IMR Press / CEOG / Volume 46 / Issue 5 / DOI: 10.12891/ceog5058.2019
Open Access Original Research
A randomized placebo-controlled pilot study of the effect and duration of Amphora, a multipurpose vaginal pH regulator, on vaginal pH
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1 Johns Hopkins Bayview Medical Center, Baltimore, MD, United States
2 MetroHealth Medical Center, Cleveland, OH, United States
3 Clinical RM, Hinckley, OH, United States
4 Evofem, Inc., San Diego, CA, United States
*Correspondence: (K. CULWELL)
Clin. Exp. Obstet. Gynecol. 2019, 46(5), 736–742;
Published: 10 October 2019

Purpose of Investigation: To determine change in vaginal pH and duration of change with intravaginal administration of single doses of Amphora vaginal gel (AVG). Materials and Methods: This Phase 1, randomized, placebo-controlled, double-blind, multicenter study included 105 women assigned to AVG 5-gram, AVG 4-gram, AVG 3-gram, placebo gel, or no treatment. Results: AVG at any of the three studied doses significantly lowered vaginal pH compared to placebo or no treatment. The effect was most pronounced in subjects with baseline vaginal pH levels ≥ 5. Peak reduction in vaginal pH with AVG occurred at 12 hours post-administration, with the greatest reduction occurring with the AVG 5-g dose. Subjects in the AVG treatment groups continued to have mean reduction in vaginal pH at Day 7 compared with baseline. Conclusion: Reduction from baseline in vaginal pH with 5-g AVG was significantly greater than with placebo or no treatment and persisted to Day 7 post-treatment.

Bacterial vaginosis
Vaginal pathology
Vaginal pH
Bacterial infections
Genitourinary medicine
Vaginal gel
Sexually transmitted infections
Multipurpose vaginal pH regulator

The vaginal microbiome is a highly dynamic environment that is altered with changes in vaginal pH [1, 2]. Even small increases in vaginal pH, such as those associated with menstruation, can cause a shift in the predominant bacterial species present in the vagina [1, 3].

An acidic pH and colonization with Lactobacillus species (LB) are important components of the vagina’s natural defense mechanisms against infections [2, 4, 5]. In vitro, LB acidify their growth medium to a pH of 3.2 to 4.8, a range that is similar to the average healthy vagina [6, 7]. However, disruption of this equilibrium may reduce the presence of LB, which causes a subsequent rise in vaginal pH and possible overgrowth of abnormal flora, since many pathogenic organisms require a pH > 4.5 for growth [8-15]. Therefore, maintaining a vaginal pH around 4.0 to 4.5 could help prevent recurrence of bacterial vaginosis (BV) [6]. The development of options for prevention of recurrent BV is of significant interest, as women who are diagnosed with BV may have a greater than 50% risk of recurrence in the subsequent 12 months [16]. In addition, BV has been associated with increased risk of pre-term delivery, low birth weight infants, miscarriage, and acquisition of sexually transmitted infections [17, 18].

Recently, there has been interest in developing a vaginal preparation with the capacity to work as both a contraceptive and a microbicide. Amphora vaginal gel (AVG) is a multipurpose vaginal pH regulator (MVP-R) under evaluation as an on-demand contraceptive (NCT03243305), to prevent certain sexually transmitted infections (NCT03107377), and potentially reduce recurrence of BV after intravaginal administration. It has been demonstrated that AVG is well-tolerated and results in a low vaginal pH; however, the duration of this effect has not been clearly established [6, 19]. Therefore, the primary objective of this study (NCT02693418) was to assess change from baseline in vaginal pH after intravaginal administration of a single dose (5, 4, or 3 grams) of AVG, placebo gel, or no treatment, and to measure the duration of this change.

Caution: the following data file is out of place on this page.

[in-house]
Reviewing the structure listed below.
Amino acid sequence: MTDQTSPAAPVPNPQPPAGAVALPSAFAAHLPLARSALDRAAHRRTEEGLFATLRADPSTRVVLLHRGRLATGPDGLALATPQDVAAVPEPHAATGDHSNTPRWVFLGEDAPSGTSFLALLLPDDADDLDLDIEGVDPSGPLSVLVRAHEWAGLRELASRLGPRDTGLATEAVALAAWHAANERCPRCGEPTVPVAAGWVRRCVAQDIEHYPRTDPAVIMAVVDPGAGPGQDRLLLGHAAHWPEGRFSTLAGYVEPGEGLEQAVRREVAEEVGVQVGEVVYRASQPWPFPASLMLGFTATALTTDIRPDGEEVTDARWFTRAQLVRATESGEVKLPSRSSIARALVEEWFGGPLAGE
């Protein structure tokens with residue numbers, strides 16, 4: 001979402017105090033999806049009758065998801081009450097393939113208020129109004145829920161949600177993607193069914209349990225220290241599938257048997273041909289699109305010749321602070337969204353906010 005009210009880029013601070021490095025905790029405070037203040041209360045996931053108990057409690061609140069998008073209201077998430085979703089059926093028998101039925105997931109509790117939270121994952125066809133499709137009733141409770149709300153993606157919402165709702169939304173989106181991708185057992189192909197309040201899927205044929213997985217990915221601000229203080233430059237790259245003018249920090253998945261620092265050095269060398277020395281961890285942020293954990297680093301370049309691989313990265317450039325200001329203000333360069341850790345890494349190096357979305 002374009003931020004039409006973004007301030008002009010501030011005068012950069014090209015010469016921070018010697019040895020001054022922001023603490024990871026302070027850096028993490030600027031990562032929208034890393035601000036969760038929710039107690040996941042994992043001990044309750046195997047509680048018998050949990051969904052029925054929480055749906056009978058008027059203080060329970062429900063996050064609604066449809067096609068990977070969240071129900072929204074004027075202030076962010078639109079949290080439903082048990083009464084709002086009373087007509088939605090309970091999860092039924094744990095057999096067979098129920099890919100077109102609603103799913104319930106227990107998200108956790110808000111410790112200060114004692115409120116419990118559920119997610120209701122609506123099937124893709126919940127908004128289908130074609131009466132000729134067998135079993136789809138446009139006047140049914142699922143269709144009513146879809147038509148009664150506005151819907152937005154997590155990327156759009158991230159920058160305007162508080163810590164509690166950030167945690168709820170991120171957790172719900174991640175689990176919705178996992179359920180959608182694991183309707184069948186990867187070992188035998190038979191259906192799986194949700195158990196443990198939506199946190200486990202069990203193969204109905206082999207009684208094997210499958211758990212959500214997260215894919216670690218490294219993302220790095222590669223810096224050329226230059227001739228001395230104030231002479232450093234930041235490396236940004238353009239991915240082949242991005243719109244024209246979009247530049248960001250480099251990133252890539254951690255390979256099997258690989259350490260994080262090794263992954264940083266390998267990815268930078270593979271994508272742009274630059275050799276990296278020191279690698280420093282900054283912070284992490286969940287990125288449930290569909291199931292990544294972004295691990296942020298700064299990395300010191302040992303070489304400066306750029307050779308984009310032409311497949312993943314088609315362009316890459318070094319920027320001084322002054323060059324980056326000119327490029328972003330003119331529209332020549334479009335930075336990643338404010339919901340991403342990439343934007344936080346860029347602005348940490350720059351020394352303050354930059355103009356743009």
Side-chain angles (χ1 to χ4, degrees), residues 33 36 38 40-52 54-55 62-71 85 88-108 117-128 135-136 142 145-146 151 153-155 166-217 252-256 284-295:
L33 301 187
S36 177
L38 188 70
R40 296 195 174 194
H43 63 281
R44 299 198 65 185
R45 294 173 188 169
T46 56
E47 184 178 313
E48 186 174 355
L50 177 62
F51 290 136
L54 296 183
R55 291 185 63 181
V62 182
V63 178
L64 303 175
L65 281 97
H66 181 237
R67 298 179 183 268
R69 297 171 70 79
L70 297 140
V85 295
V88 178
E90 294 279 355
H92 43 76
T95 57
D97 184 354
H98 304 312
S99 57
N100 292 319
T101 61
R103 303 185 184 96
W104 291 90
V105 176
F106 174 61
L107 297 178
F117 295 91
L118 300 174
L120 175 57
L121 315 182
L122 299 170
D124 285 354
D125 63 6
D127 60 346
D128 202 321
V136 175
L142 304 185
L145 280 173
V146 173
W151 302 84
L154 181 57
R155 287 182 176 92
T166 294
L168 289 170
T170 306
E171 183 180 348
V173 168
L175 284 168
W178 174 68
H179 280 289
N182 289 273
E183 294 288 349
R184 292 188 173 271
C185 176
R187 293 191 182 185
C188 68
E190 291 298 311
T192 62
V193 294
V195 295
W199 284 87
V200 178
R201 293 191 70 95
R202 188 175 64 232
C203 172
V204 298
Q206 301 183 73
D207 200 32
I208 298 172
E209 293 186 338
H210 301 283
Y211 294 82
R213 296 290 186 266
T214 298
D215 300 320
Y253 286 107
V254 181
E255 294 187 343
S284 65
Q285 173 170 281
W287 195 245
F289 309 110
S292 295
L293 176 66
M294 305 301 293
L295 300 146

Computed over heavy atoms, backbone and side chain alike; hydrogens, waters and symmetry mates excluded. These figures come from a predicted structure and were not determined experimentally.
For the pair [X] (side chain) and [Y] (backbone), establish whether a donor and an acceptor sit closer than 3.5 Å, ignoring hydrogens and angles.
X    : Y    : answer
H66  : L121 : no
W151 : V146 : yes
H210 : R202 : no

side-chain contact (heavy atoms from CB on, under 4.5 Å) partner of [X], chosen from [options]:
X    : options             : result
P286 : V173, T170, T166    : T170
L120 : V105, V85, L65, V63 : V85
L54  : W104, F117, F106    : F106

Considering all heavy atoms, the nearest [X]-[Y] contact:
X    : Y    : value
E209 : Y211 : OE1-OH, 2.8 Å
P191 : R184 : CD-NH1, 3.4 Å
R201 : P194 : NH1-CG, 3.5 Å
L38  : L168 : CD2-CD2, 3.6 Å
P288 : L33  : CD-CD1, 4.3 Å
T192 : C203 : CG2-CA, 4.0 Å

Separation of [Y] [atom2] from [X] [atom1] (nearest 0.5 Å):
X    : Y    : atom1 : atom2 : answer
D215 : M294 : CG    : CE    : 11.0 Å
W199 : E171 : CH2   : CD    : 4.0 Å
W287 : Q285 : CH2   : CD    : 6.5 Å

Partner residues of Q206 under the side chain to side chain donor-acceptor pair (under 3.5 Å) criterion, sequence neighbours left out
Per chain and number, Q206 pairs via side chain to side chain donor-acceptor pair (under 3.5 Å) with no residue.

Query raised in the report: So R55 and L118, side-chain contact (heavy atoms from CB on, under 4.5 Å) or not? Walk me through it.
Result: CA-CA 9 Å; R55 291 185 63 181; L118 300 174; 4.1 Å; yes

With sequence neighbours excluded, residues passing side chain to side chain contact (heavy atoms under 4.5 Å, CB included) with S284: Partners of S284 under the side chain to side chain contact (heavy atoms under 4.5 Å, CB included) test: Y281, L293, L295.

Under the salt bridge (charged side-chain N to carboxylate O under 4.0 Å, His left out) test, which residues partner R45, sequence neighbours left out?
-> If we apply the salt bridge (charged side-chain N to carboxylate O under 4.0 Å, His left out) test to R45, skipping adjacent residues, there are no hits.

Materials and Methods

This Phase 1, randomized, placebo-controlled, double-blind study was conducted between August 2016 and January 2017 at two sites: Johns Hopkins Bayview Medical Center in Baltimore, Maryland, and MetroHealth Medical Center in Cleveland, Ohio. The study was approved by each center’s institutional review board ( identifier, NCT02693418). The study was conducted in full compliance with the principles of the Declaration of Helsinki and the International Conference on Harmonization (ICH) guidelines.

Subjects who were eligible for the study included women aged 18 to 45 years who had regular menstrual cycles and agreed to abstain from sexual intercourse, douching, or use of any intravaginal devices for 24 hours prior to study enrollment and during the study. Women were excluded if they had symptoms of urinary tract infection, sexually transmitted infection, BV or yeast infection. In order to detect an effect on vaginal pH, the authors sought to preferentially enroll women who were likely to have a high vaginal pH (≥ 4.5) at baseline, primarily those of African American or Hispanic heritage [20].

Subjects who were positive for any of Amsel’s criteria (clue cells, positive whiff test, discharge, and/or elevated pH) were included as long as they were asymptomatic at the entry visit. These women were either provided the option for immediate treatment of their asymptomatic BV with potential later entry to the study, or treatment at the end of the study. Women were also excluded from the study if they had engaged in sexual intercourse or douching or used any form of vaginal suppository or intravaginal device for 24 hours prior to enrollment, were pregnant or breastfeeding, or had symptoms of urinary tract infection or BV or had a reported or observed yeast infection. Other exclusion criteria included regular use of vaginal medications or suppositories, feminine sprays, genital wipes, or contraceptive spermicides; report of abnormal vaginal discharge within 48 hours of screening; menstruation or the expectation of menstruation during the 7-day study period; and use of vaginal contraceptives. All study participants were required to provide written informed consent prior to enrollment.